Faculty union members protest at Cal State Dominguez Hills. California State University trustees plan to revisit one of their most contentious issues this week: how much to pay campus presidents.
At their meeting in Long Beach on Tuesday and Wednesday, California State University trustees are revisiting one of their most contentious issues: How much to pay campus presidents.
Criticism rained on Cal State trustees last year when they approved a $400,000 a year salary for San Diego State’s new president. That would be $100,000 more than his predecessor.
Three months ago, Cal State trustees approved a 10 percent cap on increases to new presidents’ salaries. The university’s faculty union and a state legislator have since said that was too much.
The proposal would pay a new campus president the same as the outgoing president but would allow supplemental salary from university foundations funds. That money is separate from state funding.
The California Faculty Association said trustees are obsessed with paying campus presidents high salaries. Foundation funds, the union said, should go to scholarships instead.
California Community Colleges Chancellor Jack Scott, told lawmakers that budget cuts to the community colleges, have increased class size and made it more difficult for students to get into classes while appearing before a joint Legislative hearing at the Capitol in Sacramento, Calif., Monday, Dec. 7, 2009.
The California Community Colleges governing board will examine a new system-wide policy change Monday that would limit students from being able to repeat certain courses, primarily in arts and physical education, after their successful completion, as part of an effort to better allocate already meager state funds.
"Some students enroll in community colleges and take PE class or tennis, three times in a row," said Paul Feist, a spokesman for the California Community Colleges' Chancellor's Office. "In this age of budget cuts, where we've been forced to ration education, it just seems like there's a better use of state funding for courses that are more lined up with students' needs for certificates, degrees and transfers."
Under the new policy, colleges would be allowed to claim the portion of state funds for these courses only once for each student. The change in policy would affect roughly 2.6 million students at 112 campuses statewide in what is the world's largest system of higher education.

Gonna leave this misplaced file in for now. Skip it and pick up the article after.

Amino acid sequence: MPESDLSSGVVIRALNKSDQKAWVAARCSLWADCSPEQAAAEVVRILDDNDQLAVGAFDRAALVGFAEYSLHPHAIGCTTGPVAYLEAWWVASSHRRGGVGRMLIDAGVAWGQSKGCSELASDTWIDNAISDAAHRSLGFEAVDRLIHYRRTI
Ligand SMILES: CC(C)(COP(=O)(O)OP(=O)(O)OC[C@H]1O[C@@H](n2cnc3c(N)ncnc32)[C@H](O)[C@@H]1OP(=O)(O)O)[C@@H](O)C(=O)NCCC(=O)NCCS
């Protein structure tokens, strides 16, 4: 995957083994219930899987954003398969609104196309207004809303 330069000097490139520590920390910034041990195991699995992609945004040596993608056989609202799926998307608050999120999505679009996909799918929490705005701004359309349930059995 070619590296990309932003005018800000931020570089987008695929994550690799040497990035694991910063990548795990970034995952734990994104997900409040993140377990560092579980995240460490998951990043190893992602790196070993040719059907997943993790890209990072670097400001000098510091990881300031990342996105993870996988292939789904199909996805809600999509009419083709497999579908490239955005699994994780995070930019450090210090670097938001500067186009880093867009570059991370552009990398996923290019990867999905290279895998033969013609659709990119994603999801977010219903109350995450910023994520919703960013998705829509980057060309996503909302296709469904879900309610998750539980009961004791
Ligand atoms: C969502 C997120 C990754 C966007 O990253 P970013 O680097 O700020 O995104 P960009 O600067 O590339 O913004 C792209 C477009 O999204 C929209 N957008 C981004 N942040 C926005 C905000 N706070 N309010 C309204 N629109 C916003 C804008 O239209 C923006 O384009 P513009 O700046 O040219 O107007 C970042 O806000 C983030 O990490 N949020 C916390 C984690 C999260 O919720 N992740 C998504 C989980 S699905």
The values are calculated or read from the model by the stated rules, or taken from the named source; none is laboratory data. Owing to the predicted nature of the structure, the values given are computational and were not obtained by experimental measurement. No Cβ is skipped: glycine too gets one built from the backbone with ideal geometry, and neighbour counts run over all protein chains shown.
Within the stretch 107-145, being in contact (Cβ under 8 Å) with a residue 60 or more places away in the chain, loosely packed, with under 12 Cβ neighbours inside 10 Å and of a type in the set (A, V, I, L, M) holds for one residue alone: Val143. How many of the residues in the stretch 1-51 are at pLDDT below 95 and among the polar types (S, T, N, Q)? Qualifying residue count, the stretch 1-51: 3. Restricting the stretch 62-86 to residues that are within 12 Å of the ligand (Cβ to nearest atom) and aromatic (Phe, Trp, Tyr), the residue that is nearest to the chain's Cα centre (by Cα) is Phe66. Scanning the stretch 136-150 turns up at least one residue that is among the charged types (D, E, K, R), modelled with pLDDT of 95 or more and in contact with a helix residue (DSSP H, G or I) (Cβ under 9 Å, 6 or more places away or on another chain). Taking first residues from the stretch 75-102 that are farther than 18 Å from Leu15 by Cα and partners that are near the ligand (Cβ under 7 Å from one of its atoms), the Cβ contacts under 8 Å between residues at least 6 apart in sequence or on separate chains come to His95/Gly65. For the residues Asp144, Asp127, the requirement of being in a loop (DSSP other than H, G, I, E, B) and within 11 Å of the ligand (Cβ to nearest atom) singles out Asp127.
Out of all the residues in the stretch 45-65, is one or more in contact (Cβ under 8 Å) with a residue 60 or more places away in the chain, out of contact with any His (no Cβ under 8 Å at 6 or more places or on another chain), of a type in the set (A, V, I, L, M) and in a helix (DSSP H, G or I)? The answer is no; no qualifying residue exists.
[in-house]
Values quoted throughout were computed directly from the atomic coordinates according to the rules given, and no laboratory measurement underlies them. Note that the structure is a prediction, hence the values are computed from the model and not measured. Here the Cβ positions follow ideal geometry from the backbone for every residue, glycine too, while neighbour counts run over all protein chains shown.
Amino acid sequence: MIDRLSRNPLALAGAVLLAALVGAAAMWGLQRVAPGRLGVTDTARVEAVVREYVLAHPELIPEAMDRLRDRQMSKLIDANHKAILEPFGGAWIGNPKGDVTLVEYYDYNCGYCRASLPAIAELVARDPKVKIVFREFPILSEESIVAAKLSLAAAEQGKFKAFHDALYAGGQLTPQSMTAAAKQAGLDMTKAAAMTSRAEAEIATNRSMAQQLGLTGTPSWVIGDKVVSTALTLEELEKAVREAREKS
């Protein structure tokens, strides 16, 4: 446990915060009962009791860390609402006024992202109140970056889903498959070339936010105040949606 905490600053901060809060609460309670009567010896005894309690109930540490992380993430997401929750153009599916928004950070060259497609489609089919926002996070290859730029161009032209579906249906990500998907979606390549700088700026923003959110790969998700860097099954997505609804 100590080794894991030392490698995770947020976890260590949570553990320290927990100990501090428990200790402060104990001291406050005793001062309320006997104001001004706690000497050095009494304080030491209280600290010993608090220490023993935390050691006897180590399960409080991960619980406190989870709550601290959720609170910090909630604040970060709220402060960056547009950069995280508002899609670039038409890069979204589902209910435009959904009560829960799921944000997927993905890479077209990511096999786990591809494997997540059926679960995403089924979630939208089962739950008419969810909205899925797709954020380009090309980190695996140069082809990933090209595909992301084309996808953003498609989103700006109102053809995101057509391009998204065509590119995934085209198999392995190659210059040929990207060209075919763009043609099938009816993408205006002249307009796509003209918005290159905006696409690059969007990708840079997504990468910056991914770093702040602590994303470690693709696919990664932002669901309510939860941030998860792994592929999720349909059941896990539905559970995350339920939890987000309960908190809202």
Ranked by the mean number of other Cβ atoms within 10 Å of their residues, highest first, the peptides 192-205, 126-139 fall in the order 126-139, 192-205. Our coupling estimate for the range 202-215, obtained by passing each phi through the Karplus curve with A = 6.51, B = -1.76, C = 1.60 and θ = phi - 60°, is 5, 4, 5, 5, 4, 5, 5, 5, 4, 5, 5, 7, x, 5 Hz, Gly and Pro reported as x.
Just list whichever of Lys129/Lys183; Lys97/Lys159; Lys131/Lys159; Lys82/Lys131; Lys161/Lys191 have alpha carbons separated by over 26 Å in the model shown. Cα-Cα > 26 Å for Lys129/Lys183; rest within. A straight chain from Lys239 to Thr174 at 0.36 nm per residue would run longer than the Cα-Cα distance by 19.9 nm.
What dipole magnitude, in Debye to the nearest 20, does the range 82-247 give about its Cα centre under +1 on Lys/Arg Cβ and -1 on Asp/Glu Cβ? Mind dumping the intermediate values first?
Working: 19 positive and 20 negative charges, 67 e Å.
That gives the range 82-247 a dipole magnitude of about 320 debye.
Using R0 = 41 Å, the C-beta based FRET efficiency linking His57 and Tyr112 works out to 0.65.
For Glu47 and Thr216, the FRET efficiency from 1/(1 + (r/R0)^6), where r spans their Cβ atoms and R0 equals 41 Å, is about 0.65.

Miramonte Elementary School teachers speak about their removal from their classrooms after two teachers were arrested on charges of misconduct with students. (May 2, 2012)
As the crowd dissipated today after an emotional march and press conference, one Miramonte Elementary School teacher stood along 60th Street in South L.A. and spoke nervously about what it was like to not only be removed from the classroom but to receive a preliminary pink slip during that time.
The teacher, who instructed a fifth grade intervention class, has taught at L.A. Unified for eight years. The last time she was in the classroom with her students was in December, when the track went off for their break. When the students returned in February, they found an entirely new staff.
"It hurts, it's awful," she said. "...What hurts the most [is] this special class of students needed consistency, routine, someone they can trust. They took that away from them and that's the hardest part."
As Miramonte Elementary School staff members rallied today in front of the unopened South L.A. campus where they have been placed for the last few months, parents and their kids came out to support their teachers Thursday.
Maria Guzman, a mother of second and fourth grade girls at Miramonte School, stood along 60th Street. She and her daughters all sported white t-shirts to symbolize the innocence of the staff. Guzman's t-shirt had writing in black marker that said, "We are here to support the innocent teachers and staff from Miramonte Elementary."
On the back it read, "They're not prisoners they're workers."
"It's not right what they did with them," Guzman said today after she heard the teachers give their first public statements in three months. "Just because two teachers did something bad, the rest of them shouldn't have to pay for it."
Miramonte Elementary School teachers made their first public comments today during a march and press conference in front of a South L.A. high school where they have been placed for the last three months as officials conducted an investigation into two teachers arrested on charges of misconduct with students.
The staff members, fearful that giving their personal accounts would jeopardize their ability to return to their classrooms, collectively voted on three statements written among them to present anonymously.
One teacher related feeling "shocked and numb" at having to leave the school in early February during two pupil free days they had to relocate. "I was expected to pack up 10 years in two days," the teacher said. "I was overwhelmed with so many emotions, sadness, anger...anxiety, fear."